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Craig_Heldreth comments on [Transcript] Tyler Cowen on Stories - Less Wrong Discussion

65 Post author: Grognor 17 December 2011 05:42AM

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Comment author: Craig_Heldreth 17 December 2011 03:31:38PM *  2 points [-]

Very nicely done.

For emphasis I cut and paste the following:

as an economist, I'm thinking about life on the margin. The extra decision: should we think more in terms of stories, or less in terms of stories? When we hear stories, should we be more suspicious? and what kind of stories should we be suspicious of?

This repetition of "at the margin" or "on the margin" and even calling his blog Marginal Revolution may be the biggest thing about Cowen's writing which really hooks me.

And now some narrative. In the beginning the story was a memory device. There were bards and storytellers before we had writing and their greatest power may be as mnemonic. I have forgotten where I saw this--it may have been in a largely bogus pop psychology book--but one story about stories I have always liked goes something like: when telling a fairy tale to a child, they will never permit you to alter or leave out any important detail. So say you are telling Cinderella; in that case you cannot leave out the part about the abusive stepmother and stepsisters, or the child immediately goes bonkers.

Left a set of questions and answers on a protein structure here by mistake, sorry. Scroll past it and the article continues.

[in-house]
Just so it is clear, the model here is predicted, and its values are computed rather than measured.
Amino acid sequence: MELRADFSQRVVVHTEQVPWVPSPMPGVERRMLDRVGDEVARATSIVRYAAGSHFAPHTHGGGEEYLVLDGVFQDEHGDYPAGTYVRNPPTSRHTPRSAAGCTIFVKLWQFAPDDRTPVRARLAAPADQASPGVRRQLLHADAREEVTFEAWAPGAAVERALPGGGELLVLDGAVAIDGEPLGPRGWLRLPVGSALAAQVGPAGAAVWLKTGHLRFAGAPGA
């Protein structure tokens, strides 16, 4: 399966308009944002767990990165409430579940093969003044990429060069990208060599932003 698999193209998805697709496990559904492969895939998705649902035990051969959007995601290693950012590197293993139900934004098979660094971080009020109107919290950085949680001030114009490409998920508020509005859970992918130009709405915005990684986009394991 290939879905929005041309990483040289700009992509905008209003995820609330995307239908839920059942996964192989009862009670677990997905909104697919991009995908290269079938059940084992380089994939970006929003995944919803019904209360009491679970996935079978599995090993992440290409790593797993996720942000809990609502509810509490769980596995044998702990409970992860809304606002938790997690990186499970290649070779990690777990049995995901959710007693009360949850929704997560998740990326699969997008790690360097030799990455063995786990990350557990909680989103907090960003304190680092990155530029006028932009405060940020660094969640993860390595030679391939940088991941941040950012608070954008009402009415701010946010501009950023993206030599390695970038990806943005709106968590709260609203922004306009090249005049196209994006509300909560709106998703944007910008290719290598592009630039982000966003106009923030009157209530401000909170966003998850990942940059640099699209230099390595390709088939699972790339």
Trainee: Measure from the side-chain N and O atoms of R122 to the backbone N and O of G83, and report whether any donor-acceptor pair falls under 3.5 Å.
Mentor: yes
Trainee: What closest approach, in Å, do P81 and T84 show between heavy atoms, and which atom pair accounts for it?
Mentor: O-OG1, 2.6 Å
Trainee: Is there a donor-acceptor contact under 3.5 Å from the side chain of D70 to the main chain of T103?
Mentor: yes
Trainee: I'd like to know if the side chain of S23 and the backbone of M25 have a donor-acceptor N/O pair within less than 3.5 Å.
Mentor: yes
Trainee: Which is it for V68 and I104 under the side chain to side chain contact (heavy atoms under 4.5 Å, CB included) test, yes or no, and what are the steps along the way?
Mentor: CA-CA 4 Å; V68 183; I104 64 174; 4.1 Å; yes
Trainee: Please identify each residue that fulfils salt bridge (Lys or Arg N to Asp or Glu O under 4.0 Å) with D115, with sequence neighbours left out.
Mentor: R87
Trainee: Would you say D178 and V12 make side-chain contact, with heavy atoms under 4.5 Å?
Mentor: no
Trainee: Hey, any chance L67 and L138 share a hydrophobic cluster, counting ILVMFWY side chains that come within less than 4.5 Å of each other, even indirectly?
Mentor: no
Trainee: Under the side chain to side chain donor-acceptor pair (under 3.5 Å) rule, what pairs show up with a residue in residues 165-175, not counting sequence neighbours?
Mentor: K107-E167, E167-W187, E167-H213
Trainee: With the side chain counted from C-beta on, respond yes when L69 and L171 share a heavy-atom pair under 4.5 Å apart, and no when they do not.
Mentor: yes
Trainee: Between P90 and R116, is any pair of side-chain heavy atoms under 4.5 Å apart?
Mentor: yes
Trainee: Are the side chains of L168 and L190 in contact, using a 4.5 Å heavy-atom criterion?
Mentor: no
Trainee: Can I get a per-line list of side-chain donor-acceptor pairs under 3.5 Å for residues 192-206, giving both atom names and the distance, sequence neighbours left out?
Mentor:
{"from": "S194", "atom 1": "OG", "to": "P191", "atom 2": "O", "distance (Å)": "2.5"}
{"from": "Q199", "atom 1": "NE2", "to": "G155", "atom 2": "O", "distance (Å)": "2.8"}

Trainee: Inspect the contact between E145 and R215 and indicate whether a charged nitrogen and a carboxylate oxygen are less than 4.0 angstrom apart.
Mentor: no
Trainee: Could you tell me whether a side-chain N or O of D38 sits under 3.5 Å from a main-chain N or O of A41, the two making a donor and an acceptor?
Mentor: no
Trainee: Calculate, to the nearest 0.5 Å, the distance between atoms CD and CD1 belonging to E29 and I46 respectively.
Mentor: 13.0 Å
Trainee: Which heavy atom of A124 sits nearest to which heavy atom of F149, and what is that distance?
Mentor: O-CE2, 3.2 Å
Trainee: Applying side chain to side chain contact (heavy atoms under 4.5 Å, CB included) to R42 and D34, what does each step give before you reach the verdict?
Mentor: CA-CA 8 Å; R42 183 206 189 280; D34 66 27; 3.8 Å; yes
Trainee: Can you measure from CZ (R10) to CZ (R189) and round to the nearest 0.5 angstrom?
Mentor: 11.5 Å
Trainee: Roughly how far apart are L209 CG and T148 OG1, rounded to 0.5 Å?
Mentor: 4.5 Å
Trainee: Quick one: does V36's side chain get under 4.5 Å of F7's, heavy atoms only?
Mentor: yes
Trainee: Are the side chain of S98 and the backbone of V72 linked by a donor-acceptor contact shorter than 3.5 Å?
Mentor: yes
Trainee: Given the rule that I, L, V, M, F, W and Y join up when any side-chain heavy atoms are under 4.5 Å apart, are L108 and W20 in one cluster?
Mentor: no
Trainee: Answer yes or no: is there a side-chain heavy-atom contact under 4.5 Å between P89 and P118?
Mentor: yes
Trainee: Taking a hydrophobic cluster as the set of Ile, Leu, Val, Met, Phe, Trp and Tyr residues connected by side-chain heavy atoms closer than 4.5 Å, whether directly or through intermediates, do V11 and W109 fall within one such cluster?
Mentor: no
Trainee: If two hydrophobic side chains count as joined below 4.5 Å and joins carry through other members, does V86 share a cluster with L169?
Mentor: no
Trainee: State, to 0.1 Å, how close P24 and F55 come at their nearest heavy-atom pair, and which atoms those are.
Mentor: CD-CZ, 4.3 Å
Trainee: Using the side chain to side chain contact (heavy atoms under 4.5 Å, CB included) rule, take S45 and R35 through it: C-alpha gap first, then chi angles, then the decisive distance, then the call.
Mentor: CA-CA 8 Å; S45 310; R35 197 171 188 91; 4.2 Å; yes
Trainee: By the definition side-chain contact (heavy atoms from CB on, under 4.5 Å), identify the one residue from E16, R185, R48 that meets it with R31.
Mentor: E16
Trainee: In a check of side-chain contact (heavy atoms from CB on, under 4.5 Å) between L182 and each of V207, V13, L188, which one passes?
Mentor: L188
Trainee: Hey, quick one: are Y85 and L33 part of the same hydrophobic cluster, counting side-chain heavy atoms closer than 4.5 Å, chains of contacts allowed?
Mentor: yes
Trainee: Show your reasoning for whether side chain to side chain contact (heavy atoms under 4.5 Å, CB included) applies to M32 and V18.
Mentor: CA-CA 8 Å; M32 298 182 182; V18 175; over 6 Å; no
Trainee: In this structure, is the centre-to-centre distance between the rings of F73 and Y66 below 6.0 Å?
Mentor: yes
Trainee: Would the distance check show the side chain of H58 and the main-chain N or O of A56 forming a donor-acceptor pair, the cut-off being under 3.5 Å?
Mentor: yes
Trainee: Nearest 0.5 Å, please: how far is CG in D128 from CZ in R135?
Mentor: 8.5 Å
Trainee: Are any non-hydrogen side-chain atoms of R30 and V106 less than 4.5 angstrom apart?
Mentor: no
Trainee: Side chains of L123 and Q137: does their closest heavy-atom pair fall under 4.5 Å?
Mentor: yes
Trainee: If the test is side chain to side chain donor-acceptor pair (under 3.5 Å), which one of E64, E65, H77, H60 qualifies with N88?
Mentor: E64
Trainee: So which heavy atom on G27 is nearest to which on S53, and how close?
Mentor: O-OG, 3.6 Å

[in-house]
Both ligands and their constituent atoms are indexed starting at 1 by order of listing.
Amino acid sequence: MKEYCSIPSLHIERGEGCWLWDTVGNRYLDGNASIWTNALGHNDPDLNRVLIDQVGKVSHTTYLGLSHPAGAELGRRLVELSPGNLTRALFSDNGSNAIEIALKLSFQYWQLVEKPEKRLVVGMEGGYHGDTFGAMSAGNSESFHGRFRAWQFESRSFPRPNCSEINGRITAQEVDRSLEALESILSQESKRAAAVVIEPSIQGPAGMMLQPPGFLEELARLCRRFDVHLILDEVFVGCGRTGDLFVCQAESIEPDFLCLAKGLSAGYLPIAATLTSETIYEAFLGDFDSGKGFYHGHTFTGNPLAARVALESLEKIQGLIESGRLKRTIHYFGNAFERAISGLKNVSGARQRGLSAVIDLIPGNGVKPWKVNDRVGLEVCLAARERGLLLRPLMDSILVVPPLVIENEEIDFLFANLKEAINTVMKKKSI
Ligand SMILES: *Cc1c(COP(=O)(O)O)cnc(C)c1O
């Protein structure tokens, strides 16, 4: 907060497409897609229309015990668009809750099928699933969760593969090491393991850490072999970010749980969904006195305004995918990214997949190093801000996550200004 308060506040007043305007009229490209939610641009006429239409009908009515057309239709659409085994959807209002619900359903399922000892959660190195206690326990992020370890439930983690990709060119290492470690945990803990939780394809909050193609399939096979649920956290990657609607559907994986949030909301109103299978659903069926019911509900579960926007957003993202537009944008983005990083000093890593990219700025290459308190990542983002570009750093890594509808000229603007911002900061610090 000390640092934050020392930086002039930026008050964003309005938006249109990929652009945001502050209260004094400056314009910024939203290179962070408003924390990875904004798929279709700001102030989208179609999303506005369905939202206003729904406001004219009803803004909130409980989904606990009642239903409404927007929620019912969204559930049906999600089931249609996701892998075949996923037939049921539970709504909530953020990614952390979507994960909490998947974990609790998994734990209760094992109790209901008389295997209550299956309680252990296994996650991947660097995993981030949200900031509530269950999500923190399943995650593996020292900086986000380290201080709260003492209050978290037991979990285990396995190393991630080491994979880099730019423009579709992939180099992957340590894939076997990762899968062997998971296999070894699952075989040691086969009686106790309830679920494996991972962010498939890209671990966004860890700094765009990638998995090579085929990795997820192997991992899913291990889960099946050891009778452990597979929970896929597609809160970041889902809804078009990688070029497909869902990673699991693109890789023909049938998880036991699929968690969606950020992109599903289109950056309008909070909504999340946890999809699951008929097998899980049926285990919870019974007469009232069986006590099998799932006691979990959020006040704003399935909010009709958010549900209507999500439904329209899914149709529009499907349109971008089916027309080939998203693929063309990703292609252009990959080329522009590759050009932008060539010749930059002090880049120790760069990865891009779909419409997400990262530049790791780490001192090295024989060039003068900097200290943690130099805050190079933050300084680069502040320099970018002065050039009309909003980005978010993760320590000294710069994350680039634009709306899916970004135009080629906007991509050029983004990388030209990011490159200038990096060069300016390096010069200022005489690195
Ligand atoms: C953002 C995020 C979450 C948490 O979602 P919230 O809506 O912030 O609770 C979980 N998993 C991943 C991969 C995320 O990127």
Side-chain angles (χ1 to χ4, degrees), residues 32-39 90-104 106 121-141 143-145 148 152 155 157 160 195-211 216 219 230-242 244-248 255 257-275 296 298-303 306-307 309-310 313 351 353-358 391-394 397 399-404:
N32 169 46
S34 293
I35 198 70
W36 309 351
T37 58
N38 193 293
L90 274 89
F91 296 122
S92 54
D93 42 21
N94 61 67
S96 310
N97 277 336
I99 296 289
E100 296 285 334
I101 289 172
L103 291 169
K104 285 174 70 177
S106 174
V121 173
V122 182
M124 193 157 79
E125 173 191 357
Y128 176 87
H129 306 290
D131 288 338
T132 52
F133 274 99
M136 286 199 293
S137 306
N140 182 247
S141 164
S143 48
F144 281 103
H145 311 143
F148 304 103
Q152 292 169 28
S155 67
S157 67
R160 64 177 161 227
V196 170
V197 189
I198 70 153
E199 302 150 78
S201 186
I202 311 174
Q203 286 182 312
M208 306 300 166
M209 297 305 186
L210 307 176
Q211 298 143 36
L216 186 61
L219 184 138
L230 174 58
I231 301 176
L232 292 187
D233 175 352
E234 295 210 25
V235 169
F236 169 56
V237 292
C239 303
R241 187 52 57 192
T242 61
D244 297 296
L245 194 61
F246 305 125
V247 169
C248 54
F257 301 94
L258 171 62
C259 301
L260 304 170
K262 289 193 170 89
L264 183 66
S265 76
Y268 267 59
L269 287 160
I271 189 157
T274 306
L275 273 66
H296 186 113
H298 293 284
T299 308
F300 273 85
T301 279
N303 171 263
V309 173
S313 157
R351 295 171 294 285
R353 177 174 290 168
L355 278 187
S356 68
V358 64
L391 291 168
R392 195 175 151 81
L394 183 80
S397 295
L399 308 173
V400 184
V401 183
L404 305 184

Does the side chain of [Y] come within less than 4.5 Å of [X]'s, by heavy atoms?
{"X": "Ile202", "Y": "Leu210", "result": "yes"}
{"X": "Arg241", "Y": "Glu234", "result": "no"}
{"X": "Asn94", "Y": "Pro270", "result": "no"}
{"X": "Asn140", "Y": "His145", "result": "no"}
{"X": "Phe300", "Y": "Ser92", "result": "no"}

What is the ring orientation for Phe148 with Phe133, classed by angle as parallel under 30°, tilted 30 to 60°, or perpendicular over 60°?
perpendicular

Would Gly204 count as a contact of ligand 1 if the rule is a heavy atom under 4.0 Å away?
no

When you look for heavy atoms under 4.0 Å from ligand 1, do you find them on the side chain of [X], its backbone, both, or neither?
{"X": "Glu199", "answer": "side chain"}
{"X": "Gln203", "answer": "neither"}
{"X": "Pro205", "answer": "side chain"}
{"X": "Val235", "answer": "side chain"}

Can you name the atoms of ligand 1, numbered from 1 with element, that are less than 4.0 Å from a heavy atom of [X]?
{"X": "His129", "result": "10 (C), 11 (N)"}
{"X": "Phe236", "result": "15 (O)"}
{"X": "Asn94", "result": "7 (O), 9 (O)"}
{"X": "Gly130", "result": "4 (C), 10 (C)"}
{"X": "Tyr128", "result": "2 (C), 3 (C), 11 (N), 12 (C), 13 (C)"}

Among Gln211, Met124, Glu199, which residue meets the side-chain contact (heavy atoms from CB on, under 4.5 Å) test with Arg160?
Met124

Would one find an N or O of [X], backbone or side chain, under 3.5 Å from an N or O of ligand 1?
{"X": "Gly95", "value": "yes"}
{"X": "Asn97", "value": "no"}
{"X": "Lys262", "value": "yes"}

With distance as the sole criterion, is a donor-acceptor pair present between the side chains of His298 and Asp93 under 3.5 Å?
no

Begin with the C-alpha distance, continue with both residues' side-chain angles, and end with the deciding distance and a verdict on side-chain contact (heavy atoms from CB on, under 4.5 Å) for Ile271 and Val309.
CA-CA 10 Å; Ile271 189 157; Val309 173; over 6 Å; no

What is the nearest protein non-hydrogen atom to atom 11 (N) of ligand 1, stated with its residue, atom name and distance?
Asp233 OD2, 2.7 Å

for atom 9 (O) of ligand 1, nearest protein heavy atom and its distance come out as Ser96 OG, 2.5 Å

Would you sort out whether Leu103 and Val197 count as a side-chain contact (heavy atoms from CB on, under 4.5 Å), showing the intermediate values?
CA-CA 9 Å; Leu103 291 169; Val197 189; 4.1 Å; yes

I have no idea if that is true or not but it certainly is memorable.

OK one more and then I will stop. I took a community police class a couple years ago. Three hours, one night a week, ten weeks. Really interesting. It was free and if you have one in your town I highly recommend going for it. One of the things in the class was the pedophile detective explaining how you do an interrogation to catch a suspect in a lie. He said the trick (and it's really easy) is you get him to retell his story starting over again in the middle. He claimed the guys have their story memorized A, B, C, D, E, . . . X, Y, Z. But, if you say: OK begin at F and start over; or, if you ask: now did M happen before O or did O happen first? They always had to go back to A and start over again in their mind from the beginning of their story and that 40 second or 80 second or whatever delay while they were working down from A was the tell.

I have no idea if that is true or not either but it certainly is memorable for me.

Comment author: MixedNuts 18 December 2011 12:19:45PM 1 point [-]

That probably produces a lot of false positives!